How substantial is the Mriya, one might ask:
• It requires SIX Ivchenko Progress D-18T turbofan engines to carry its payload in the air.
• The landing system has 32 wheels.
• The maximum gross weight is 640 tonnes (1,410,000 lbs.).
In Armenia, a generator for a power plant was 53.2 feet long, 14 feet wide and weighed 416,900 lbs. Obviously it was airlifted by the Mriya.
The Antonov An-225 is still in use today. Many nations – including the United States – still contract the aircraft when necessary due to its size. From chimney ducts to generators and wind turbine blades to war tanks, the Antonov has carried just about every large object that has required a transcontinental move.
The AN225 is an enlarged version of the AN124 Ruslan – With only 55 of this aircraft created. The Mriya costs $300M, approximately, which is 3 times more than the Ruslan, which is also a strategic airlifter, but obviously smaller.
The Mriya has a maximum speed of 850km/h (460 knots). It’s obviously a fuel monster, with a total fuel capacity of 661,375 lb (300,000kg)
The only known operators are as follows:
- Civil Air Foyle
- Antonov Airlines
- Volga-Dnepr Airlines
- Military Union of Soviet Socialist Republics
- Voyenno Vozdushniye Sili (Soviet Air Force)
The Aircraft has a NATO reporting name Cossack, which means a citizen of Ukraine and Southern Russia, noted for their horsemanship / military skill. The Aircraft has visited several countries including United Kingdom, Czech Republic, Canada, Germany, France, China, Switzerland, Brazil, Norway, and many more, as well as being refused from a few airports, some in the European Union. When the AN225 departs to an airport, a huge amount of aviation spotters and geeks wait at the fences and surroundings of the airport, eager for the arrival of this aircraft, possibly a one time wonder, and most of the time, in all types of weather, rain or shine, Snow or heat wave.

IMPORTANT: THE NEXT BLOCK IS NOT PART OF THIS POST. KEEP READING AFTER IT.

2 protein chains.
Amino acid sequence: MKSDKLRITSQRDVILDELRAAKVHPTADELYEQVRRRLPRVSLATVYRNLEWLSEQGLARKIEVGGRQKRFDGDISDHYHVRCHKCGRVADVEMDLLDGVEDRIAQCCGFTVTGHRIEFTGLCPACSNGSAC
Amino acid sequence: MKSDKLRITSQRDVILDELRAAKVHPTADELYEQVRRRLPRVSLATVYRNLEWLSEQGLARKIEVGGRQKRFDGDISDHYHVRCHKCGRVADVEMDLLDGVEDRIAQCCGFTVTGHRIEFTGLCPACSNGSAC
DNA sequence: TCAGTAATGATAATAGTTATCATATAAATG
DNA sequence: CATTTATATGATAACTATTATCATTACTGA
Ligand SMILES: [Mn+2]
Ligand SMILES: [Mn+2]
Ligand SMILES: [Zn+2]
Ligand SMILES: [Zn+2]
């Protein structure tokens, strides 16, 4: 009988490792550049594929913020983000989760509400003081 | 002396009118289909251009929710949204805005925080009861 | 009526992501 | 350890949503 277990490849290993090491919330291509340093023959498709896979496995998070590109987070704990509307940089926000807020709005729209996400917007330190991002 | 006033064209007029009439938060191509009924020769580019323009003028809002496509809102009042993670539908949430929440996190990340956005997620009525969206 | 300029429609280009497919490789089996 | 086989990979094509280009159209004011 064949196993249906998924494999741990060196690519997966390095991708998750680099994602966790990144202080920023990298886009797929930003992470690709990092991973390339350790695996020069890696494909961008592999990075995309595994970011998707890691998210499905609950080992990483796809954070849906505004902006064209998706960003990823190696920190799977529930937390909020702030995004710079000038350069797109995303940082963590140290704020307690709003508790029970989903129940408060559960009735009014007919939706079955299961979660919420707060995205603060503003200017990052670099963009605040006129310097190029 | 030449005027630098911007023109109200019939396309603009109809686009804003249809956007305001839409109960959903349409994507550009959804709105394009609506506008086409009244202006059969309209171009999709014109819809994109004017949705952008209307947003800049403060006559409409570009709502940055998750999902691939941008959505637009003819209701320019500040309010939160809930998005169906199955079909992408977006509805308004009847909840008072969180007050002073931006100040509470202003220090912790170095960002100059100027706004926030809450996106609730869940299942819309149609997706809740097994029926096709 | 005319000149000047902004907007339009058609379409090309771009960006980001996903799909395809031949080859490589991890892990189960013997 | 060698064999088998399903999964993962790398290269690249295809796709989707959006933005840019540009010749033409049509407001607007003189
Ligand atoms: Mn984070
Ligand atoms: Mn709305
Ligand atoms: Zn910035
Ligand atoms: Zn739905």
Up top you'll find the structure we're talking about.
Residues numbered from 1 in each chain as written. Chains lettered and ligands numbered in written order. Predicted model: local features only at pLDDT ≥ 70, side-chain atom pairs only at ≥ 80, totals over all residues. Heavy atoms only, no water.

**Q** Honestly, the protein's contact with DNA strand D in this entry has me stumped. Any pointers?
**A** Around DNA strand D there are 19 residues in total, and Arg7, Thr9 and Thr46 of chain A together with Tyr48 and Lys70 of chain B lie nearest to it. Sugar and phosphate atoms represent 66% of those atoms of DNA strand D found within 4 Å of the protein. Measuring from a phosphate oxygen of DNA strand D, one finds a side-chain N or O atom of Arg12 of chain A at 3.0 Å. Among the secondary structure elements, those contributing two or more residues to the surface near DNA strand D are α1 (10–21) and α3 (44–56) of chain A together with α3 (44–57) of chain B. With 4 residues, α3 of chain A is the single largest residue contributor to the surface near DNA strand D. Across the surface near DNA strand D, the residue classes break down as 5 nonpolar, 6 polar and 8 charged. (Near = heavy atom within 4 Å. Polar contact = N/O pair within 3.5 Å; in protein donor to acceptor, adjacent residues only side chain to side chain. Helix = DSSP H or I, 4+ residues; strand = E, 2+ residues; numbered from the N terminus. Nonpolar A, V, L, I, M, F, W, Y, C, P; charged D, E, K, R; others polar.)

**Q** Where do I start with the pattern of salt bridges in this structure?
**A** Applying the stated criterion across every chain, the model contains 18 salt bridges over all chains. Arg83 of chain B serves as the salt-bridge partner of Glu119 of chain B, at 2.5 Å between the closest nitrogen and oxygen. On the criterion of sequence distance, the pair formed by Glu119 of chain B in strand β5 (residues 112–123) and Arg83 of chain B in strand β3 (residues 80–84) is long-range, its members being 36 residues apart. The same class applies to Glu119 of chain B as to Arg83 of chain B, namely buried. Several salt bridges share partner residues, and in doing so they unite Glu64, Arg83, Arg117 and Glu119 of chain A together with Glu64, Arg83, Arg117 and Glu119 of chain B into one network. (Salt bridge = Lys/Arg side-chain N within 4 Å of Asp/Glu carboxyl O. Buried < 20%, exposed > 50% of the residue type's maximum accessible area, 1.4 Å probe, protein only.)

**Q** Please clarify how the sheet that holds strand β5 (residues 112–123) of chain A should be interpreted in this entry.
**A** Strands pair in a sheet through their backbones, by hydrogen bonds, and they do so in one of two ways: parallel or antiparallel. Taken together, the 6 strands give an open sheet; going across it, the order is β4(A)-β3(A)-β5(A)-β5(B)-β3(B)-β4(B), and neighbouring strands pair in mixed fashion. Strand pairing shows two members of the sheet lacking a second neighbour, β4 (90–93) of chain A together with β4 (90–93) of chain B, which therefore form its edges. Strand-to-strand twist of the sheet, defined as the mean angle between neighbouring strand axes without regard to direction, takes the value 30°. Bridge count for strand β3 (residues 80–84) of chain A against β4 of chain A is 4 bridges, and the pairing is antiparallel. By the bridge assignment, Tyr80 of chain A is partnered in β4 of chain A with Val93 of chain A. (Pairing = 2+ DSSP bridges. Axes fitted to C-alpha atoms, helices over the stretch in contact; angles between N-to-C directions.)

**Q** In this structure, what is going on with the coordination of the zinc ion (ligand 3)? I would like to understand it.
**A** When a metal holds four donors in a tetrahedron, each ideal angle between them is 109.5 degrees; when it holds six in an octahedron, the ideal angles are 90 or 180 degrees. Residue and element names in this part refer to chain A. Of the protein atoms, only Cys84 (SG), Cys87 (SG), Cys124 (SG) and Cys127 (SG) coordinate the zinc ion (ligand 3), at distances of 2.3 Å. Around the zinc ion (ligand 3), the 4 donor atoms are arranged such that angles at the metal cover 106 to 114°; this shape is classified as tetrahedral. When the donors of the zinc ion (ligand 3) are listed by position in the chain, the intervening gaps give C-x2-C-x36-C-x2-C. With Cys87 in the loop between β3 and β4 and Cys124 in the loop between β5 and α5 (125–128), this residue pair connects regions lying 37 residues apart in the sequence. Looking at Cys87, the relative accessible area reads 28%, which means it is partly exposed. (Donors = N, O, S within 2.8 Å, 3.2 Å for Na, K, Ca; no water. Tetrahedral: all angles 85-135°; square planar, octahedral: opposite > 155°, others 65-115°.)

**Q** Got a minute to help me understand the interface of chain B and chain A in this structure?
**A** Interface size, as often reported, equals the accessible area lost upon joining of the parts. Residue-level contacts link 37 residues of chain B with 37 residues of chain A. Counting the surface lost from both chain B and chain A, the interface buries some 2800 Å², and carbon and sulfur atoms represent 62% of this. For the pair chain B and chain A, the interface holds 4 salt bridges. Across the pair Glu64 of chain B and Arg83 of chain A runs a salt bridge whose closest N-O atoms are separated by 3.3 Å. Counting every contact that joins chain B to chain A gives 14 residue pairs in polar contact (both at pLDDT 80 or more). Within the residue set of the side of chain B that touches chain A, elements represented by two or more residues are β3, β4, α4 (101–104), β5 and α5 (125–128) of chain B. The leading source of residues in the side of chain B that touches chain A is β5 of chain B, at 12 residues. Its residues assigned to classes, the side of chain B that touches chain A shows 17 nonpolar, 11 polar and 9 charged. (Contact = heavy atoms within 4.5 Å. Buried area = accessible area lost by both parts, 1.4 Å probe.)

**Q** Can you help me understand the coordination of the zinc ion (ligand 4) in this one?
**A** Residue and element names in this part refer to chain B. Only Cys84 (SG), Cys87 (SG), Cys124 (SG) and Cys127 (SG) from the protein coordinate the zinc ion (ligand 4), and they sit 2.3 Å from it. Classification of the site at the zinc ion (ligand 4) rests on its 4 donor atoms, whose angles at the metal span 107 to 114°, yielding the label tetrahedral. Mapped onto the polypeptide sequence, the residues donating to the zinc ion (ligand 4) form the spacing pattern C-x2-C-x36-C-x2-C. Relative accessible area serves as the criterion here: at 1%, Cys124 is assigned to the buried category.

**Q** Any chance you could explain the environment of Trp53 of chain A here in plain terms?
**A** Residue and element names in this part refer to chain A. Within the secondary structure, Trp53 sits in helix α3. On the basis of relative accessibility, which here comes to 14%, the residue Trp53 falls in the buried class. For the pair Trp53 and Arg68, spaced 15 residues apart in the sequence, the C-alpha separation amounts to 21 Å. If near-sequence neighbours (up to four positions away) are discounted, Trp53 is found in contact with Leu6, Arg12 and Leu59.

Google co-founder Sergey Brin is working on a high-tech airship in Silicon Valley — a behemoth that will be the largest aircraft in the world, according to a report.
“It’s going to be massive on a grand scale,” one of several sources with knowledge of the project told The Guardian of the UK.
The dirigible will likely be almost 657 feet long, making it by far the largest aircraft today – though smaller than Germany’s iconic Zeppelins of the 1930s, or the US Navy’s airship USS Macon.
The Macon, which crashed in 1935, was 784 feet long. The ill-fated Hindenburg, which was more than 800 feet long, met its fiery fate when it crashed in an infamous disaster in New Jersey two years later.
Today, by comparison, the Russian Antonov An-225 Mriya is 276-feet long and the Airbus A380 is about 240 feet long.
The sources revealed details of the airship to The Guardian on the condition of anonymity, citing confidentiality agreements.
Brin, who has remained mum on the project, is personally funding the airship, which he is building at Moffett Field inside in a giant hangar at the NASA Ames Research Center, sources told the paper.
He wants the mammoth aircraft to be able to deliver supplies on humanitarian missions to remote locations — but it also will serve as a luxurious intercontinental “air yacht” for his relatives and pals, the sources said.
The project will cost $100 million to $150 million to complete, one source said.
“Sergey is pretty innovative and forward looking,” Igor Pasternak, an airship designer who was involved in the early stages of the project, told the paper.
“Trucks are only as good as your roads, trains can only go where you have rails, and planes need airports. Airships can deliver from point A to point Z without stopping anywhere in between,” he said.